It's easier to see clearly when you know where to look.
I lost my lanyard while fishing yesterday. Or so I thought. It started out as a relatively warm early-spring day nymphing on the Yellowstone River, sun occasionally peeking through the clouds, with only moderate wind, nothing like the gales that can blow through Paradise Valley in the winter. In about two hours of fishing, I caught three 14- or 15-inch rainbows (one even jumped) and one whitefish. Not bad for this time of year. But then the wind came up and the temperature began to drop. My fingers throbbing with the cold, I decided to call it a day and walked downstream to the truck.
When I went to remove the split-shot from my leader, my forceps weren’t dangling on my chest like they normally are. Without much hope, I retraced my steps upstream, scanning the ground as I went. No luck. I sat down for a moment on a flat-topped boulder to mourn the loss of my lanyard, my nippers, my collection of tippet spools. When I stood up, I heard a faint jingle from behind. Reaching up to my neck, I made a happy discovery. My lanyard was there, where it always had been. It had somehow gotten pulled around my neck and was hanging down my back, out of sight. Uplifted by my find, I headed back downstream to the truck, where I sat for a while with the motor running, warming my fingers in the heater’s blast.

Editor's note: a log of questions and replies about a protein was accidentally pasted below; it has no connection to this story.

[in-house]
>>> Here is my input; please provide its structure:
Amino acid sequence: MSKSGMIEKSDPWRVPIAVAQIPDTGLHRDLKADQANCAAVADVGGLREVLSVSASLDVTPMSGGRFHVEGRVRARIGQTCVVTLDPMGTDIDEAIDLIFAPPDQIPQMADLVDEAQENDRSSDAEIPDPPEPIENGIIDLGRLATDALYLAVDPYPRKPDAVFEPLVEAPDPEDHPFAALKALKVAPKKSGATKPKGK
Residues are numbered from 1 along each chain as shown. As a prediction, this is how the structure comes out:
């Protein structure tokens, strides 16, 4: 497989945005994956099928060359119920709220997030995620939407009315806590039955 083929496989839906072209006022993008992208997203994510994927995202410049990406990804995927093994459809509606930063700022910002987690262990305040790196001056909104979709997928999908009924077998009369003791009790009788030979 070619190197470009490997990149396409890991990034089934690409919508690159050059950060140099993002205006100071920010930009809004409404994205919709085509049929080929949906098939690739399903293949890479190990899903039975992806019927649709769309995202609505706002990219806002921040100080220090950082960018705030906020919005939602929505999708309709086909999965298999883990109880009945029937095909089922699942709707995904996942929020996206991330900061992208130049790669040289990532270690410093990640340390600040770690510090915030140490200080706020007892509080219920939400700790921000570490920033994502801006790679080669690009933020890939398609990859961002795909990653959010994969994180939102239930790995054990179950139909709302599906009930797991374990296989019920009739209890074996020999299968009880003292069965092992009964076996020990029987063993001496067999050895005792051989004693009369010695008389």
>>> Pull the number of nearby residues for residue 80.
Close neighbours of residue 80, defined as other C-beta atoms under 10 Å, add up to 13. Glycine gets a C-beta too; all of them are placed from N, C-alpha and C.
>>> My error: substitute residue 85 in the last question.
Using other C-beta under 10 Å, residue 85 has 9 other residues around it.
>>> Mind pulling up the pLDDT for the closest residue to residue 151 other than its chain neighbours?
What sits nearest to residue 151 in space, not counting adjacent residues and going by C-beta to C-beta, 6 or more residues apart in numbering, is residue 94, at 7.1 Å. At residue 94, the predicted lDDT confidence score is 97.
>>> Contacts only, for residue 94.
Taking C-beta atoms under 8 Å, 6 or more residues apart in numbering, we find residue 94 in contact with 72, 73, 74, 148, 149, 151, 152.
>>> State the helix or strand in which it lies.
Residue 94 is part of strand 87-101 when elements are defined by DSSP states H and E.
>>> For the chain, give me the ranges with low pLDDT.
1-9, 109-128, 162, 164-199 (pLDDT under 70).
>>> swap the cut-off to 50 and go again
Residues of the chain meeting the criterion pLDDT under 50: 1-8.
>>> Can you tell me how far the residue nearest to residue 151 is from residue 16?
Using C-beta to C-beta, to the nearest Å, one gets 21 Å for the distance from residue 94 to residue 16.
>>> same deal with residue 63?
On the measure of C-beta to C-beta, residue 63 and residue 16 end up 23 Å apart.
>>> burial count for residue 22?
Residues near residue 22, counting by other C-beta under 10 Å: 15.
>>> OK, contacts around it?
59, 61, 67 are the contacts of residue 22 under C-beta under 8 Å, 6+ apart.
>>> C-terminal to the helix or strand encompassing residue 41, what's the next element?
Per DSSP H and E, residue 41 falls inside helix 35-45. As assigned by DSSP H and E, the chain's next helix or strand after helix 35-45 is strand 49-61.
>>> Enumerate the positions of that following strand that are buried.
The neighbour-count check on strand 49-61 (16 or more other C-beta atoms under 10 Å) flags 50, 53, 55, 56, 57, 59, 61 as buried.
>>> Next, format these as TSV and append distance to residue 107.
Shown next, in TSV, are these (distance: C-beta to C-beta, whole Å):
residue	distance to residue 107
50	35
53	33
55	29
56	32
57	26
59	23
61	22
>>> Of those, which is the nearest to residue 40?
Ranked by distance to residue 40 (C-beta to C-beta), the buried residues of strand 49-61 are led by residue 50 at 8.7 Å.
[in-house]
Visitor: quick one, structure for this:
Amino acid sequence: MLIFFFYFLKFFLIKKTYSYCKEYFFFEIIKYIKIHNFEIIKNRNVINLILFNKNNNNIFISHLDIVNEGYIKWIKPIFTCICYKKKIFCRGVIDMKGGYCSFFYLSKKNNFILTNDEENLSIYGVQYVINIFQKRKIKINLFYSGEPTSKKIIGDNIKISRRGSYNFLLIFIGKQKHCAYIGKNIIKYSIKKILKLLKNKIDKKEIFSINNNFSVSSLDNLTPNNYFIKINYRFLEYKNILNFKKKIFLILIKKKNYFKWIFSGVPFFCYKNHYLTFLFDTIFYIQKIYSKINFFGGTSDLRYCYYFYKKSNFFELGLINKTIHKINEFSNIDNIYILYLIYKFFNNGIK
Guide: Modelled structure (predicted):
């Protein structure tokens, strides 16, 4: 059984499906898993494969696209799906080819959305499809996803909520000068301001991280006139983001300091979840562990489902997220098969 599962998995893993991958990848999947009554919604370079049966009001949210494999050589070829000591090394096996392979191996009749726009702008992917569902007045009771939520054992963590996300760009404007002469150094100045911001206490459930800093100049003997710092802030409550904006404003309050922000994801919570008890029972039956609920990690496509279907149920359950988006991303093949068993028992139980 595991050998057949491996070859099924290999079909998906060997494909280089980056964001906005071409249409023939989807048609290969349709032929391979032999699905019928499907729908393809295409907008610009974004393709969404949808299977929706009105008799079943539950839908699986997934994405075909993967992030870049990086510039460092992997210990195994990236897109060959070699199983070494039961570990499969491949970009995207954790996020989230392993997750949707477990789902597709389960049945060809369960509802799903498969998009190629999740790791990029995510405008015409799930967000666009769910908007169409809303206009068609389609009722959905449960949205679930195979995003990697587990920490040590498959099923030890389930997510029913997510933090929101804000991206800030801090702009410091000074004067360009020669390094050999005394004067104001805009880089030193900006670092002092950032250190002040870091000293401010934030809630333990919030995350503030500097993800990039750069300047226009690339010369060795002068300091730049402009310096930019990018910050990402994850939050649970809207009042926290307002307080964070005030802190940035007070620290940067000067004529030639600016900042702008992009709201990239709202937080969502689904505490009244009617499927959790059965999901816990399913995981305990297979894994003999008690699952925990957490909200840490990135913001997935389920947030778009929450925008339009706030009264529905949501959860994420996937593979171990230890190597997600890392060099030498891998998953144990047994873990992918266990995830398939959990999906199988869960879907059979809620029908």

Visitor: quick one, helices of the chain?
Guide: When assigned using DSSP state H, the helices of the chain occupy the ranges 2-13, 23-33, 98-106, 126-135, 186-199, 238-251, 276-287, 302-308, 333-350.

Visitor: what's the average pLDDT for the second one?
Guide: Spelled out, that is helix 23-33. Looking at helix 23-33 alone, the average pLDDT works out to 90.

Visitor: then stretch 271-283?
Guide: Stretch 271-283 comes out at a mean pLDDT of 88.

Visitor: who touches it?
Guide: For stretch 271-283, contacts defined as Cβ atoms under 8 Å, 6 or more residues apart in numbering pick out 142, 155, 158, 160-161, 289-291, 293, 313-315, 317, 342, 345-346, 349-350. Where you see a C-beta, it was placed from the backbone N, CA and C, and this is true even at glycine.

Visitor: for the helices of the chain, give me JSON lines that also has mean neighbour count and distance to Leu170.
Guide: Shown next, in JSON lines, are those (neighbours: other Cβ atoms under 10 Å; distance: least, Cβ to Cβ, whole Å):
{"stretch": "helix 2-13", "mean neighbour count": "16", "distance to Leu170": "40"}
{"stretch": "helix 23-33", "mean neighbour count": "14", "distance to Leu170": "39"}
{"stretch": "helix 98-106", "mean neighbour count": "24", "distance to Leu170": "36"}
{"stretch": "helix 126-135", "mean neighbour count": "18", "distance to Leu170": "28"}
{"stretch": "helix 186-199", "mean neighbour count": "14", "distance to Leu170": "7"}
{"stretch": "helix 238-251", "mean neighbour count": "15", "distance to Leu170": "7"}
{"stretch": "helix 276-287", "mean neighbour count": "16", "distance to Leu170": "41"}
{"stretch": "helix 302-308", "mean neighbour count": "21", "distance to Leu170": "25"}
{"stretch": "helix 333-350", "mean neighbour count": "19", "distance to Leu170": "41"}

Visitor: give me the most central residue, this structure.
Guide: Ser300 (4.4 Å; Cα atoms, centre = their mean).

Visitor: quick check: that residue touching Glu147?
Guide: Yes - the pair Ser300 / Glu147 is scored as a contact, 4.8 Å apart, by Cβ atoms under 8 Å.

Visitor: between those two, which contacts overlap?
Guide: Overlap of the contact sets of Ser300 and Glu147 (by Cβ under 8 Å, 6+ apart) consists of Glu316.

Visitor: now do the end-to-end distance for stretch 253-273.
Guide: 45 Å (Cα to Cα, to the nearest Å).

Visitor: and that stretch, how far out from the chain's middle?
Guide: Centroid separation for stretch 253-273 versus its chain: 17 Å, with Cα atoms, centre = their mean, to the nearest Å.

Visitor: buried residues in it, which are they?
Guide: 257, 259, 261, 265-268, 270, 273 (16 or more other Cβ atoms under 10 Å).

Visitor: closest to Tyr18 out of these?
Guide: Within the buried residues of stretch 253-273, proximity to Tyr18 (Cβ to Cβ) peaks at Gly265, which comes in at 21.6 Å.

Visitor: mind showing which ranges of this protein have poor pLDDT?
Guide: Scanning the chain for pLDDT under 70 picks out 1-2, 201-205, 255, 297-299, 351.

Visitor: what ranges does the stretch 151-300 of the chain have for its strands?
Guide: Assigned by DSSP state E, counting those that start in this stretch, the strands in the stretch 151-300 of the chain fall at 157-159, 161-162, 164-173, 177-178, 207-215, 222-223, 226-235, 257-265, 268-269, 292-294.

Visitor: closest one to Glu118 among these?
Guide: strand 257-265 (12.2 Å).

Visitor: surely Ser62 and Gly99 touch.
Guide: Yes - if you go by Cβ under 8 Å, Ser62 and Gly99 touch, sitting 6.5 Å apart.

I have battled depression and nosebleeds throughout my adult life. In some ways, my afflictions are similar. Both tend to arrive without warning, without any apparent cause. Both linger an uncertain length of time, resisting attempts to staunch the bleeding. When an episode subsides, anxiety remains about when the next will begin. Both tend to occur in clusters, with long periods of quiet between. And both can leave behind indelible stains, on favorite clothing or the soul.